Employment agreements may contain covenants not to compete, which restrict your employment options upon separation. Generally speaking, it’s not illegal – or uncommon - for a company to ask its employees to sign a non-compete agreement after hiring them. Whether that new agreement is enforceable may depend on several issues. Before signing a new agreement, talk with a lawyer to learn your rights, obligations and options.
A poorly drafted non-competition clause, such as one that is overbroad or reaches further than the law allows, can stop you from working. And a company may erroneously accuse you of breaching a non-compete clause when, in fact, you have not.
A non-compete agreement must be reasonable in time and geographic scope. It cannot restrict the employee’s right to compete for too long. It cannot restrict the employee’s right to compete in too large a geographical area. The restrictions must be designed to protect a legitimate purpose, such as confidential information and customer relationships.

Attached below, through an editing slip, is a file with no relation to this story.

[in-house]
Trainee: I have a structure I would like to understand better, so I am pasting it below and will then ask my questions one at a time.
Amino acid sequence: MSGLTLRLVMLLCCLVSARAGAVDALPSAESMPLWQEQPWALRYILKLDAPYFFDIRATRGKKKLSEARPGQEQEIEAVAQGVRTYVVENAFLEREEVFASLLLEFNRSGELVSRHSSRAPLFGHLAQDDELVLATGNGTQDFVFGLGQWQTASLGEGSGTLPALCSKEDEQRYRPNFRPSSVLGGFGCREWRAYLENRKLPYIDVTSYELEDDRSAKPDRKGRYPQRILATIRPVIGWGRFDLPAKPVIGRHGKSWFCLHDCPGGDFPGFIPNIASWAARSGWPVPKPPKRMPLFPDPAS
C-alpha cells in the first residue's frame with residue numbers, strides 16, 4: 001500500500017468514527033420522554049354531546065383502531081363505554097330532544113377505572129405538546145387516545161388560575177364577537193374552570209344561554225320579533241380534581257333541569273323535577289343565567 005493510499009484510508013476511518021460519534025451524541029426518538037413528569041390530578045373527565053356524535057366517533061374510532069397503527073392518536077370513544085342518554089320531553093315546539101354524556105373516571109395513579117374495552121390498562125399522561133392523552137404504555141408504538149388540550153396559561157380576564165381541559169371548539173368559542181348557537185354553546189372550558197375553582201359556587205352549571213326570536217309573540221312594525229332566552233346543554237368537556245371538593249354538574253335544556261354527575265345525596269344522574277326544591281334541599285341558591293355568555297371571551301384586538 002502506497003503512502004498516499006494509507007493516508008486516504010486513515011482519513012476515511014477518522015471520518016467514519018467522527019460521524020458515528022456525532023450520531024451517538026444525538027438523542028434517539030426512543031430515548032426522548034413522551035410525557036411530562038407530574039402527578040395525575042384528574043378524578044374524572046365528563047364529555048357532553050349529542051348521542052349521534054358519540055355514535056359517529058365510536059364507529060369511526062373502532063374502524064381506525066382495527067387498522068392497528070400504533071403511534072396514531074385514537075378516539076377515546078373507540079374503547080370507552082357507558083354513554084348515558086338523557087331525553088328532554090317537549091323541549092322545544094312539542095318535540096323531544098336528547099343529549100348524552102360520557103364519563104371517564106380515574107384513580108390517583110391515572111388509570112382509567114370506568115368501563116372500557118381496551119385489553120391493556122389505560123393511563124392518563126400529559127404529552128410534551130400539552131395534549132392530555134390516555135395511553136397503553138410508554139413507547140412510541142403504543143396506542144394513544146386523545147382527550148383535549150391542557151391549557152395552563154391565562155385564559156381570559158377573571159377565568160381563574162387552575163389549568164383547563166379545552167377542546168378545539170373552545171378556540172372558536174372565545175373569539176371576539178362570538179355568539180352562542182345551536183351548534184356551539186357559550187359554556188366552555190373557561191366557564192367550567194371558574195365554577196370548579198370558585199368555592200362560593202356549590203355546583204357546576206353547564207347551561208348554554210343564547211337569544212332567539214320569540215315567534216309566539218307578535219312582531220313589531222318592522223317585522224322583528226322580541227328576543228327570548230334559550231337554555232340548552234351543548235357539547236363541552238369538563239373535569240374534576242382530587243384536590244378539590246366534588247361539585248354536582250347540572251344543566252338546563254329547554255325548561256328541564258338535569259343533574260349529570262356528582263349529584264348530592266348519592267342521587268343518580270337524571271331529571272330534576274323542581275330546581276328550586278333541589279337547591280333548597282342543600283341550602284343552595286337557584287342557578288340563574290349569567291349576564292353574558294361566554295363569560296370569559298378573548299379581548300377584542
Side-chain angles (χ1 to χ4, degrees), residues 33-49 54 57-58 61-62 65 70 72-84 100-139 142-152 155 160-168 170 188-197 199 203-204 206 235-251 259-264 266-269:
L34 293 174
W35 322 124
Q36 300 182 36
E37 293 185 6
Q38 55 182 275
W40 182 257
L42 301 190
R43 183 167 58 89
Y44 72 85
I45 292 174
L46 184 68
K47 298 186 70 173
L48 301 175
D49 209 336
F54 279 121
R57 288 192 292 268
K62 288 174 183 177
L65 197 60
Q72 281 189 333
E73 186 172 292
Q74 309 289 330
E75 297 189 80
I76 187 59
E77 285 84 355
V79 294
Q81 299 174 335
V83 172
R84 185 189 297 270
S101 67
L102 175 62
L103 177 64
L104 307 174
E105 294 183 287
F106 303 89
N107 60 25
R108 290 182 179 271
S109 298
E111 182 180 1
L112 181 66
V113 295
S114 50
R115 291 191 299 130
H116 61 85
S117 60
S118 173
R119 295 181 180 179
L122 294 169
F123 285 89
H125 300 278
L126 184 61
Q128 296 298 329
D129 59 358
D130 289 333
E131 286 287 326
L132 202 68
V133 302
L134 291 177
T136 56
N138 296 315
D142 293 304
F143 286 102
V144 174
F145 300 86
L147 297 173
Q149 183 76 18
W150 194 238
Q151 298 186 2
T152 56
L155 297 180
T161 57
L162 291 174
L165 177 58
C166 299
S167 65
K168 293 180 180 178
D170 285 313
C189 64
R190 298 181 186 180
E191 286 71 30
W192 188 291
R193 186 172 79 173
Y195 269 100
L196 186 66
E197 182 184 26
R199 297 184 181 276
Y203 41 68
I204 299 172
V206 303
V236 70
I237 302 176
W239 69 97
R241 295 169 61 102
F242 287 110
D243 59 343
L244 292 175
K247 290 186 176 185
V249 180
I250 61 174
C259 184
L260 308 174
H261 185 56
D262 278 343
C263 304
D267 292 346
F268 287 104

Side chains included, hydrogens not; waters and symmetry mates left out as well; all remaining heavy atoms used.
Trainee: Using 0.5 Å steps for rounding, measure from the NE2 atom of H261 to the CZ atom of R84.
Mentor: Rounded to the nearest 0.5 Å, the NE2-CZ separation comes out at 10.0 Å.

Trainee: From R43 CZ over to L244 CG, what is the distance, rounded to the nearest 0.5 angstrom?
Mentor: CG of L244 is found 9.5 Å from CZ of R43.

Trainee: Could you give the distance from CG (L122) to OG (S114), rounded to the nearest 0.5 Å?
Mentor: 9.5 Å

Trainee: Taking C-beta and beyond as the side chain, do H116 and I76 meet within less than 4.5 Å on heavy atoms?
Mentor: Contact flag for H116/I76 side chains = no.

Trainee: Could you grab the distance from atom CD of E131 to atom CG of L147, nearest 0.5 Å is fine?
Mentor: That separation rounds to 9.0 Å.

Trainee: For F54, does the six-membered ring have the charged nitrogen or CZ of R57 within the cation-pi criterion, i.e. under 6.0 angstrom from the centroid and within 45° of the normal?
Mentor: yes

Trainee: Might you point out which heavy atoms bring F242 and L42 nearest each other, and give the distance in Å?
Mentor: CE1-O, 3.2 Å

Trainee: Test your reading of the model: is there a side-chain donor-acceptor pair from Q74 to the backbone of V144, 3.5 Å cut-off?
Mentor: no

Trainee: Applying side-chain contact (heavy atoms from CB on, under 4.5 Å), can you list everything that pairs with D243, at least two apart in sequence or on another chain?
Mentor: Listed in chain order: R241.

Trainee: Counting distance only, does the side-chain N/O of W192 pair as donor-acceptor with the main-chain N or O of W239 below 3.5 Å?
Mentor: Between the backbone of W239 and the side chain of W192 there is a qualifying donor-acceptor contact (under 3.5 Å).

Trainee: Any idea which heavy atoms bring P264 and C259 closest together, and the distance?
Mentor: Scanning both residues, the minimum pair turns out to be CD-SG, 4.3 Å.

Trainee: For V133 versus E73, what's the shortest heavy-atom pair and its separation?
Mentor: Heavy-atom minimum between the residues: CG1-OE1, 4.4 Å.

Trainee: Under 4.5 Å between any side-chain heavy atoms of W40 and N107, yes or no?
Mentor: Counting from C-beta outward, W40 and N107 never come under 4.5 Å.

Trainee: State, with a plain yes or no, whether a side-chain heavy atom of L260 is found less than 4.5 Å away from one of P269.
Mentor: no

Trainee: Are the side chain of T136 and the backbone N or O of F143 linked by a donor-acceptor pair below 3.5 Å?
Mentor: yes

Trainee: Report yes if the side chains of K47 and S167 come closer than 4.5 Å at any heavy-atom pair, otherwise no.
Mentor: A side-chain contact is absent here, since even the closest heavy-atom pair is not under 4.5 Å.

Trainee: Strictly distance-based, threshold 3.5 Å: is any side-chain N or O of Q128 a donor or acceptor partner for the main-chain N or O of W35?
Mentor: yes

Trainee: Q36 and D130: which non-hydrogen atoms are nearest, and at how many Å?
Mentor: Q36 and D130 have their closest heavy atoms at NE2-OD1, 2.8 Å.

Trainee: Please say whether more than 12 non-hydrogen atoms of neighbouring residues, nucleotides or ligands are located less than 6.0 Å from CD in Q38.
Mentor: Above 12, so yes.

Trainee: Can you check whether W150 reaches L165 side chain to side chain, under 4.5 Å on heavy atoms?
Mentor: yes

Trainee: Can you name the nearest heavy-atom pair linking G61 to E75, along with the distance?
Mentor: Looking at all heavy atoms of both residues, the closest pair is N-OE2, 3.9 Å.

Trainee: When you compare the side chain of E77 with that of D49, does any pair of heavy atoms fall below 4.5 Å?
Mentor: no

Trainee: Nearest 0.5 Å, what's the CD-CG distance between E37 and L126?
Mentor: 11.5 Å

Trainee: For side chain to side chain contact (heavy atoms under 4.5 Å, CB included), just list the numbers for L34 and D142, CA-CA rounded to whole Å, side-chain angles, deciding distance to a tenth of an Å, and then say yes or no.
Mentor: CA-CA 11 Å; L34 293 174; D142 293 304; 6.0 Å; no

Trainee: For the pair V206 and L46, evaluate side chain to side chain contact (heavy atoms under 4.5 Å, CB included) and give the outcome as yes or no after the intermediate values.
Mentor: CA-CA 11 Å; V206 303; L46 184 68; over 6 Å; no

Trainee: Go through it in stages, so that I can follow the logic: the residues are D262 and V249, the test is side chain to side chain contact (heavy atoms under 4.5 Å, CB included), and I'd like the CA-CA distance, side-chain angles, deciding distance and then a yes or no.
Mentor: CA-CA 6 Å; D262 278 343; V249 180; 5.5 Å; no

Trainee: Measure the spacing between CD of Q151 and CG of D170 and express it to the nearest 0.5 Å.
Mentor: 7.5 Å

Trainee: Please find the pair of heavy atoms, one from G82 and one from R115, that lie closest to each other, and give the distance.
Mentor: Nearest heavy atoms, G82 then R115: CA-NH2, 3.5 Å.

Each state has its own laws regarding covenants not to compete, also called “restrictive covenants.” Although the states’ laws are generally similar, they are not identical. Talk with a lawyer licensed in your state to learn how the law applies to your situation.